In both cases, the response body will contain a JSON representation of the node status, containing the following fields:
The status endpoint also contains the /serving path to expose the isServing information via the status code, which is useful if the probing system is unable to process JSON representations.
This path accepts both GET and HEAD requests.
The response will have an empty body and status code:
The Curity Identity Server installation also contains the bin/status command line tool that can be used to probe the HTTP status endpoint.
It uses the same environment variables the server uses and has two invocation parameters:
The status tool performs a request to the local node status endpoint and writes the response body to the standard output.
The tool exit code is described in the following table.
Each run-time and admin node exposes an endpoint where certain information is published in a Prometheus-compliant format (i.e., Prometheus’ exposition format). This allows the Prometheus monitoring tool (or others that can process data in this format) to monitor certain metrics about the behavior of the node. This endpoint is exposed over HTTP and listening on the same interface as the status endpoint described above. The port used is one greater than the status endpoint (4466 by default). The URI is /metrics, so, for example, the URL of the data would be https://localhost:4466/metrics.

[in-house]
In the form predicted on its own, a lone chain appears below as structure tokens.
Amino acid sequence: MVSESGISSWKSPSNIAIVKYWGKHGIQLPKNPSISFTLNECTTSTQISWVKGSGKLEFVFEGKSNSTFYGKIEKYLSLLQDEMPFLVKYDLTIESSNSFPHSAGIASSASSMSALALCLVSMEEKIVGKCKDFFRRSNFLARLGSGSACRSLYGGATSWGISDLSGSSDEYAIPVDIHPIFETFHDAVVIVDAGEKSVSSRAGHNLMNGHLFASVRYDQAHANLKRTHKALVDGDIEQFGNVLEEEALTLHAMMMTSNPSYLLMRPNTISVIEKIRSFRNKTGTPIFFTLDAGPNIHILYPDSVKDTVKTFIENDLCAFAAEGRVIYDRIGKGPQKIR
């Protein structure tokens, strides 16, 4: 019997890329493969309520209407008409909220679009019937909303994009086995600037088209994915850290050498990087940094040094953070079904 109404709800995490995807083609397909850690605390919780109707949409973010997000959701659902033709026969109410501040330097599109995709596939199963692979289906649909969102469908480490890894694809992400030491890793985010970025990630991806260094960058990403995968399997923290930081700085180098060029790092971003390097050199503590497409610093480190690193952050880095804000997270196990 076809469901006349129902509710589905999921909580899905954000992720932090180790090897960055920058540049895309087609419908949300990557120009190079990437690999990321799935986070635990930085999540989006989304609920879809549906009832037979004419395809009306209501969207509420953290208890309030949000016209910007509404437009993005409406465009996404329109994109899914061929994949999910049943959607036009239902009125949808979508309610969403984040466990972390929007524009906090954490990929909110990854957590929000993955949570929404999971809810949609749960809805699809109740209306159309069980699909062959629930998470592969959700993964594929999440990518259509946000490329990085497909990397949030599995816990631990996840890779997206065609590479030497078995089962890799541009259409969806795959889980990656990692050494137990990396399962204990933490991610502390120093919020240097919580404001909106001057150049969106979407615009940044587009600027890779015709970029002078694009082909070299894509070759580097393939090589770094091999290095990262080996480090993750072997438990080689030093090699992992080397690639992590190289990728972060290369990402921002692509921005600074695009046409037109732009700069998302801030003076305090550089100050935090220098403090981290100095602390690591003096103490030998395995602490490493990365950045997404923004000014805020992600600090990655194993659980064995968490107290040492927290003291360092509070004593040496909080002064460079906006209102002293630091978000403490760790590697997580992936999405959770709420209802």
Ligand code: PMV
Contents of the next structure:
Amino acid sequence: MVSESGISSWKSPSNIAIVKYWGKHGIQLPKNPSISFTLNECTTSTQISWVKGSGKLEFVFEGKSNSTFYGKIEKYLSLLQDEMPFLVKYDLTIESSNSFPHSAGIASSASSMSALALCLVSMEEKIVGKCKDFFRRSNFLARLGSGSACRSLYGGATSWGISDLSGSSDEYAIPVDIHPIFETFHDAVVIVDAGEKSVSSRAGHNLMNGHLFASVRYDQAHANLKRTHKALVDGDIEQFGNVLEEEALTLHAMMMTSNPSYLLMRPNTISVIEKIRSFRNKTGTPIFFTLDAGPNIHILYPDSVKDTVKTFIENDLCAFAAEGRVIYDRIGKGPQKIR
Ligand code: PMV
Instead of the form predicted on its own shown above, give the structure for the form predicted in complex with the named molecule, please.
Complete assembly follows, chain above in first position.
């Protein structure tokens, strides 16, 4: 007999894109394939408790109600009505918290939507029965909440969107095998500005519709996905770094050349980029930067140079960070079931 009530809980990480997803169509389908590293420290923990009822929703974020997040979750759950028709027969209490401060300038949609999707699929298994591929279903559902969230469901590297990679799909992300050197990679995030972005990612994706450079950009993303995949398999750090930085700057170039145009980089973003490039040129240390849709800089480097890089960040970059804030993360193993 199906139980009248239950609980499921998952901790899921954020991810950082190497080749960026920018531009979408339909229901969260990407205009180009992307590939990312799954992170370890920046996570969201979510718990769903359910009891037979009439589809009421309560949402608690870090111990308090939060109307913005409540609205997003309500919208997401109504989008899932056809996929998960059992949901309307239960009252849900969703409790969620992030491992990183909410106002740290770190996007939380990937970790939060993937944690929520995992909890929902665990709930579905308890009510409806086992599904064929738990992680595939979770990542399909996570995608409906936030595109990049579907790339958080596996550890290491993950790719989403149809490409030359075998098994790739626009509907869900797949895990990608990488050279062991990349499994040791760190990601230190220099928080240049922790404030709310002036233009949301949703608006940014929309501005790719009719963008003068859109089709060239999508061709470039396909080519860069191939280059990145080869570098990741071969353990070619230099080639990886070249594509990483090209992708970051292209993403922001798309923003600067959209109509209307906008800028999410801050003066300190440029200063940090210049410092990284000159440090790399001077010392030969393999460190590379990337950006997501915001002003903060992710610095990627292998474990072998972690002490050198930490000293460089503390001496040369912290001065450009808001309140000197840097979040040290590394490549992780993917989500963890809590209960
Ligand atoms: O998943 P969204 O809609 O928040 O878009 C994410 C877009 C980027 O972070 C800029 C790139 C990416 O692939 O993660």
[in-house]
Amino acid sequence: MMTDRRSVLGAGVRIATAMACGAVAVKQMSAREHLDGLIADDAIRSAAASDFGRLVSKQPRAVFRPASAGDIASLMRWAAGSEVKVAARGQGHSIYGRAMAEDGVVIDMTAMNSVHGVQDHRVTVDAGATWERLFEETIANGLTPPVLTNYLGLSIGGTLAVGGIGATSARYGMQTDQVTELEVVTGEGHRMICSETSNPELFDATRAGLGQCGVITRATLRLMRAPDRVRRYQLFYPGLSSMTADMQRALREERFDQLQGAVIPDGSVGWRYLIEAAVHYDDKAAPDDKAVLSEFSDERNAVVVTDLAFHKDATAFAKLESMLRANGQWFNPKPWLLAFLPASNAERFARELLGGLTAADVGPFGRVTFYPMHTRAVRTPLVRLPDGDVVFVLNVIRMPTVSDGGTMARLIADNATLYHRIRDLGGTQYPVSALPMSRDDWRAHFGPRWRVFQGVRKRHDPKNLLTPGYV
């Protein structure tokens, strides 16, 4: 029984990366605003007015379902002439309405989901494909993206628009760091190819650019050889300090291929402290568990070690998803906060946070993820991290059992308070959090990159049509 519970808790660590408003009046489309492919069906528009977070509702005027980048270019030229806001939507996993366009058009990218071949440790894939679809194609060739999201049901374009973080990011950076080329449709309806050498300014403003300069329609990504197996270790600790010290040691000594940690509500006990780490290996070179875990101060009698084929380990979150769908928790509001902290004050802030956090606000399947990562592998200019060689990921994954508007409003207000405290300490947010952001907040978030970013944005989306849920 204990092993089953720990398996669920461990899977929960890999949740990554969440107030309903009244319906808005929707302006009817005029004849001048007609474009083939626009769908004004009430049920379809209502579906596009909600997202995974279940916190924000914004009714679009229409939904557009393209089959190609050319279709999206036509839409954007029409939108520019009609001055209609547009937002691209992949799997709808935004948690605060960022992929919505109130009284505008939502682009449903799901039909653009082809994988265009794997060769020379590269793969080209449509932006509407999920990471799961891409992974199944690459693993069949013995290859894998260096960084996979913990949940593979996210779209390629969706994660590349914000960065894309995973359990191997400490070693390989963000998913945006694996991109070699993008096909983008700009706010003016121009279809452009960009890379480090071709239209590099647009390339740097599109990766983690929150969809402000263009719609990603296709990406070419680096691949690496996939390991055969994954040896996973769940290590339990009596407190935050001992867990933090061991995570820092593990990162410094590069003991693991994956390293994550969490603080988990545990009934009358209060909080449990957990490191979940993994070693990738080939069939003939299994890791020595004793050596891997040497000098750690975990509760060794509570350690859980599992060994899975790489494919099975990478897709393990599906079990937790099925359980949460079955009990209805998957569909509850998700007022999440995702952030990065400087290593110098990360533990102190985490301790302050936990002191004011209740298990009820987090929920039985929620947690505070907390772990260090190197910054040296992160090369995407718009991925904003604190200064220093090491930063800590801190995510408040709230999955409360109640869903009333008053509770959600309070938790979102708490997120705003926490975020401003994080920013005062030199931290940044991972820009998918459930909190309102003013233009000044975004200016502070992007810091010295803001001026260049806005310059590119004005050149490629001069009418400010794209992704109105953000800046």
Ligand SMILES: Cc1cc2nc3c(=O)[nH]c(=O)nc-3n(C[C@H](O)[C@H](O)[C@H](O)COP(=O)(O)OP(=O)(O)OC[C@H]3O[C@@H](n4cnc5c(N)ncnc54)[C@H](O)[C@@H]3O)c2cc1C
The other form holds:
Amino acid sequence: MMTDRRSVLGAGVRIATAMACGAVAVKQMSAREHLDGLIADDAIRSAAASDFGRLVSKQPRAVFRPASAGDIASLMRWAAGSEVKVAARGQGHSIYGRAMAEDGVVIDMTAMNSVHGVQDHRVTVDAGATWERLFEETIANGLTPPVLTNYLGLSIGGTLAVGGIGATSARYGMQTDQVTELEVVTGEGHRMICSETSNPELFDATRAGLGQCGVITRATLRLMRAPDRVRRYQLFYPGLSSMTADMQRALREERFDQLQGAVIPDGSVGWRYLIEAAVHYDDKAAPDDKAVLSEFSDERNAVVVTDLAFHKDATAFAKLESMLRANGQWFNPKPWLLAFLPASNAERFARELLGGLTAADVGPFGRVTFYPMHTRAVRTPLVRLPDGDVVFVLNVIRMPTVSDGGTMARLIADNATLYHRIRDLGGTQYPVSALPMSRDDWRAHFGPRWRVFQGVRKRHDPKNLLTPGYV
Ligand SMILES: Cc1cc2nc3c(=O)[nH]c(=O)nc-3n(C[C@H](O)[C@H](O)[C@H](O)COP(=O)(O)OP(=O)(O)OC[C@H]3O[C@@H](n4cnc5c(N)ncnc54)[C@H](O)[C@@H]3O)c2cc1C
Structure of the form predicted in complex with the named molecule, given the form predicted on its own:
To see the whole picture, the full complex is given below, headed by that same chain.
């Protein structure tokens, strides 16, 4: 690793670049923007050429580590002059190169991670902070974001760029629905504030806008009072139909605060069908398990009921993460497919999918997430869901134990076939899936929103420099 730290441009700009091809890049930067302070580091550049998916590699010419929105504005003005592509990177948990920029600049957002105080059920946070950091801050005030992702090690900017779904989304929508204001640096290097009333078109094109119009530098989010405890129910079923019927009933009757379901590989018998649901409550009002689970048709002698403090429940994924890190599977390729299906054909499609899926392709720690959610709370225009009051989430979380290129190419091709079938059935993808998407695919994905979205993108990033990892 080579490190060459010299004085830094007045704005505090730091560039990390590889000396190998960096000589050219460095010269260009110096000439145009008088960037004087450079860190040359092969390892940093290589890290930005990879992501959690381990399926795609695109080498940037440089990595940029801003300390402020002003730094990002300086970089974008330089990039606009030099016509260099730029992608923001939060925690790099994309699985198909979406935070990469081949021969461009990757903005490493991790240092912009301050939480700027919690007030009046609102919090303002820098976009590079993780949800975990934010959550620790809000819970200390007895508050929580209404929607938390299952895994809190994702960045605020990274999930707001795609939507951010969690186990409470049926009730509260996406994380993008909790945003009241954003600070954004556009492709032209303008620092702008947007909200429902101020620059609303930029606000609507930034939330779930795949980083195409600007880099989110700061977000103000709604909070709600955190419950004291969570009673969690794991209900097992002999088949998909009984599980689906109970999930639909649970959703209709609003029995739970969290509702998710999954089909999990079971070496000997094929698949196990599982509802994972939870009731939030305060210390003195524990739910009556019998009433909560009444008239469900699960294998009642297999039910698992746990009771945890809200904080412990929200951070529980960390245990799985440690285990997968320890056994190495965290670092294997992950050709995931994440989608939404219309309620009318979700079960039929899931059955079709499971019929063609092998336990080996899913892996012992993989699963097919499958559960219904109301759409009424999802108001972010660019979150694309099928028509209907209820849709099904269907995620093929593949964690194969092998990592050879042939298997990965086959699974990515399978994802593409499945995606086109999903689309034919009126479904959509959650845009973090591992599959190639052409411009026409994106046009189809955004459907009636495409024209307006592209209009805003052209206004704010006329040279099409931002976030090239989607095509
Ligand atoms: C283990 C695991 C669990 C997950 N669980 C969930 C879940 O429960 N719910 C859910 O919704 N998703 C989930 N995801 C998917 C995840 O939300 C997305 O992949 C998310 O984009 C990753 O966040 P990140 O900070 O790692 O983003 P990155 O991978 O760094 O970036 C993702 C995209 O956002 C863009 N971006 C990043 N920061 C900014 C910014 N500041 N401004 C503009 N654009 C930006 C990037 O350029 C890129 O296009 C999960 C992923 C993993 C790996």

The metrics exposed and their meanings is described in the following table:
The client_id of the idsvr_oauth_token_issued metric for ID tokens will be that of the requesting client (i.e., the authorized party). For all other tokens, the client_id is the ID of the client to whom the token was issued.
The labels in the previous table have the meanings described in the following table:
By default no unique values are reported for client_id to prevent value explosion which Prometheus has a hard time handling. If the system only contains a small number of clients then this can be enabled by setting the system property se.curity:identity-server:reporting:include-client-id-label=true when starting the Curity Identity Server.
Gathering of data can be disabled. If this is set when the node starts, no data will be published. To disable gathering of data, in the admin UI, go to System ‣ General. There, toggle off Enable Reporting. Once that change is committed, all nodes will stop gathering data.
If you want to setup certain alerts when things go wrong in the Curity Identity Server, you can simply setup the following: